And these words that I command you today shall be on your heart. You shall teach them diligently to your children, and shall talk of them when you sit in your house, and when you walk by the way, and when you lie down, and when you rise. You shall bind them as a sign on your hand, and they shall be as frontlets between your eyes. - Deuteronomy 6:6-8.
3. Nurturing children. Beyond the obvious benefits of nurturing love, research shows that loving and nurturing parenting is linked to better child behavior at all ages. Nurturing dads build strong bonds with their children, providing them with a sense of security that helps them grow into confident and loving people.
You fathers, do not be exasperating your children, so that they do not become downhearted. - Colossians 3:21
4. Serving as a guide to the world. The world can be a scary place to a child. A dad who helps a child navigate the world properly with a set of core beliefs and life experiences helps prepare the child for life ahead.
“For even the Son of Man came not to be served but to serve, and to give his life as a ransom for many.” - Mark 10:45
5. Using appropriate discipline. The basis of the word “discipline” is “to teach with love.” Dads who maintain self-control as well as control of emotions and hands are more effective at discipline than those who do not. The goal of discipline is to teach the child, not to punish or humiliate. Good fathers know this and act accordingly.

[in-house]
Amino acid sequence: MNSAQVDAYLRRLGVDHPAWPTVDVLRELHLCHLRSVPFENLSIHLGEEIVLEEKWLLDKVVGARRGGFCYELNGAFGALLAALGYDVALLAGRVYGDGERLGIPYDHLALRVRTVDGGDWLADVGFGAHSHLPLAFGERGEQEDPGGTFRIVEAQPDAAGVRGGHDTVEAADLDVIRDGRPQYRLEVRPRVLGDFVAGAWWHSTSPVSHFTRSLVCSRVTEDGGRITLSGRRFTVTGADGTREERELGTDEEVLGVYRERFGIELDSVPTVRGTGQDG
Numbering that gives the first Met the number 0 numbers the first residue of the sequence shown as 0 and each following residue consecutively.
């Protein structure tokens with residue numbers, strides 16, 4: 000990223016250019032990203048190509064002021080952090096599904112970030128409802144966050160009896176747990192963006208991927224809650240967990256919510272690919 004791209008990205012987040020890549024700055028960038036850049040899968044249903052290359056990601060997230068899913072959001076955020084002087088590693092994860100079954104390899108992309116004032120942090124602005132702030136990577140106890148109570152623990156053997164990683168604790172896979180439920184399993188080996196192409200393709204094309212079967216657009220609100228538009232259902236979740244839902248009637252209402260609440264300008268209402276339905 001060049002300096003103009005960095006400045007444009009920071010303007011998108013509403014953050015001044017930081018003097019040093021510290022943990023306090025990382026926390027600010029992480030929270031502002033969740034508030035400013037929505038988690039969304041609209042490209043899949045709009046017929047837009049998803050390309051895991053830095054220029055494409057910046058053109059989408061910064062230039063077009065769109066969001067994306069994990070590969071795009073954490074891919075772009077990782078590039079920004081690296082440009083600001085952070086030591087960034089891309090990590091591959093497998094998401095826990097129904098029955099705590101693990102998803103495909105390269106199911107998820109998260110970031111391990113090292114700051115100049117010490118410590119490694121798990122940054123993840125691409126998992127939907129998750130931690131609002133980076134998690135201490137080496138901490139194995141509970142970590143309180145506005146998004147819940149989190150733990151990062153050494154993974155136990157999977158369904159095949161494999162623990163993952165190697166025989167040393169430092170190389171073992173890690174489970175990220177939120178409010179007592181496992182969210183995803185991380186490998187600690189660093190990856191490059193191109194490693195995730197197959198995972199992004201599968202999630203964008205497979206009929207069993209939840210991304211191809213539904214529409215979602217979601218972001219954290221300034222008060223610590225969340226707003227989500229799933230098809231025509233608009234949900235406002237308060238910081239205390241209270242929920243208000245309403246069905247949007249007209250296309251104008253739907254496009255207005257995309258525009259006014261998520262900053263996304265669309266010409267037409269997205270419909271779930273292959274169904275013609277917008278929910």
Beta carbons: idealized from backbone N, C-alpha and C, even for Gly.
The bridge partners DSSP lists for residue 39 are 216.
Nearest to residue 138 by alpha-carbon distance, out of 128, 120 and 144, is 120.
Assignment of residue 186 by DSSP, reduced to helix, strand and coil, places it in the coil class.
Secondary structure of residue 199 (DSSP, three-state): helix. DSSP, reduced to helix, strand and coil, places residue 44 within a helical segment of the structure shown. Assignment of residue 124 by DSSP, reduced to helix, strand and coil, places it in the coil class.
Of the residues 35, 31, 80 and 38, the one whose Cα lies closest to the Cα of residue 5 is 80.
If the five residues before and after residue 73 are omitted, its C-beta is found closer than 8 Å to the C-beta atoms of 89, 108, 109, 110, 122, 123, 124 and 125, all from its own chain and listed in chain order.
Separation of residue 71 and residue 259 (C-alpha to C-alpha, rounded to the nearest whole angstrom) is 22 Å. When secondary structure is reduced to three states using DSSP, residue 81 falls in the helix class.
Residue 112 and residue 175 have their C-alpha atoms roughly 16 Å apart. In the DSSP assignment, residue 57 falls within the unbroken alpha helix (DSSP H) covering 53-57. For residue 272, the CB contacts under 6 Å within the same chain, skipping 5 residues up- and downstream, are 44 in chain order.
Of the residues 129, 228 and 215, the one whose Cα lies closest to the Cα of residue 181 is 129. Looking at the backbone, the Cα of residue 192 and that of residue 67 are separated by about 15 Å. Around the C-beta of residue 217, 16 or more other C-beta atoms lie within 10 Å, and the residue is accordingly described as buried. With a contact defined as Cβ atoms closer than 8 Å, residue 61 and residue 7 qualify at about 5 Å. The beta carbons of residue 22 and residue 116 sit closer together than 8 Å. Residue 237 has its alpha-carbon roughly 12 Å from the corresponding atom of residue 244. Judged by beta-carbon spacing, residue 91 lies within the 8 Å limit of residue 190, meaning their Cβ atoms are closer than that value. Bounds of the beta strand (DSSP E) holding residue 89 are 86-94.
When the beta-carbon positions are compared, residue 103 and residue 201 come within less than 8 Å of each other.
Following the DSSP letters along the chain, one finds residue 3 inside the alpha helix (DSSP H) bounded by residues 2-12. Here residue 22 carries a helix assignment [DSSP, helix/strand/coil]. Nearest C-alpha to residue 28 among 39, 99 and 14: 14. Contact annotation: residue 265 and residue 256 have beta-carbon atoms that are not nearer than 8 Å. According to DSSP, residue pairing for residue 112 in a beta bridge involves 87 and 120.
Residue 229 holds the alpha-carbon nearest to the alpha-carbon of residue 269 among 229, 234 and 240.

"The Lord has disciplined me severely, but he has not given me over to death." - Psalm 118:18
6. Protecting and providing. Modern forms of protection can include childproofing a home, monitoring online media, or knowing their children’s friends. Research shows that disadvantaged environments suffer when fewer dads are available to supervise children, which includes their own children as well as neighborhood children.
"Be strong and courageous. Do not be afraid or terrified because of them, for the LORD your God goes with you; he will never leave you nor forsake you.” - Deuteronomy 31:6
7. Serving as a positive role model. A dad's actions and beliefs strongly influence his children. "What's a role model?" you might be asking. Well, a role model is a person that you respect, admire, and want to be like in some way. Influencing them to be greater human beings and training them to seek and live in truth.
“Your attitude should be the same as that of Christ Jesus: who, being in very nature God, did not consider equality with God something to be grasped, but made himself nothing, taking the very nature of a servant, being made in human likeness, and being found in appearance as a man, humbled himself and became obedient to death – even death on a cross.” - Philippians 2:5-8
God is the God of all comfort (see 2 Cor. 1). Even when He deals harshly with our sin and rebellion, it is for our good. It will last only a short while and then it gives way to rejoicing. If you are in a time of discipline or facing the cruel consequences of sin, please don't give up. Morning will come, and on that dawn will come God's grace. It's more than worth the wait!
References: 1. Bronfenbrenner, U. (1979). The ecology of human development. Cambridge: Harvard University Press. 2. Goddard, H. W., & Morgan, M. (1995). The great self mystery. Auburn, AL: Alabama Cooperative Extension Service.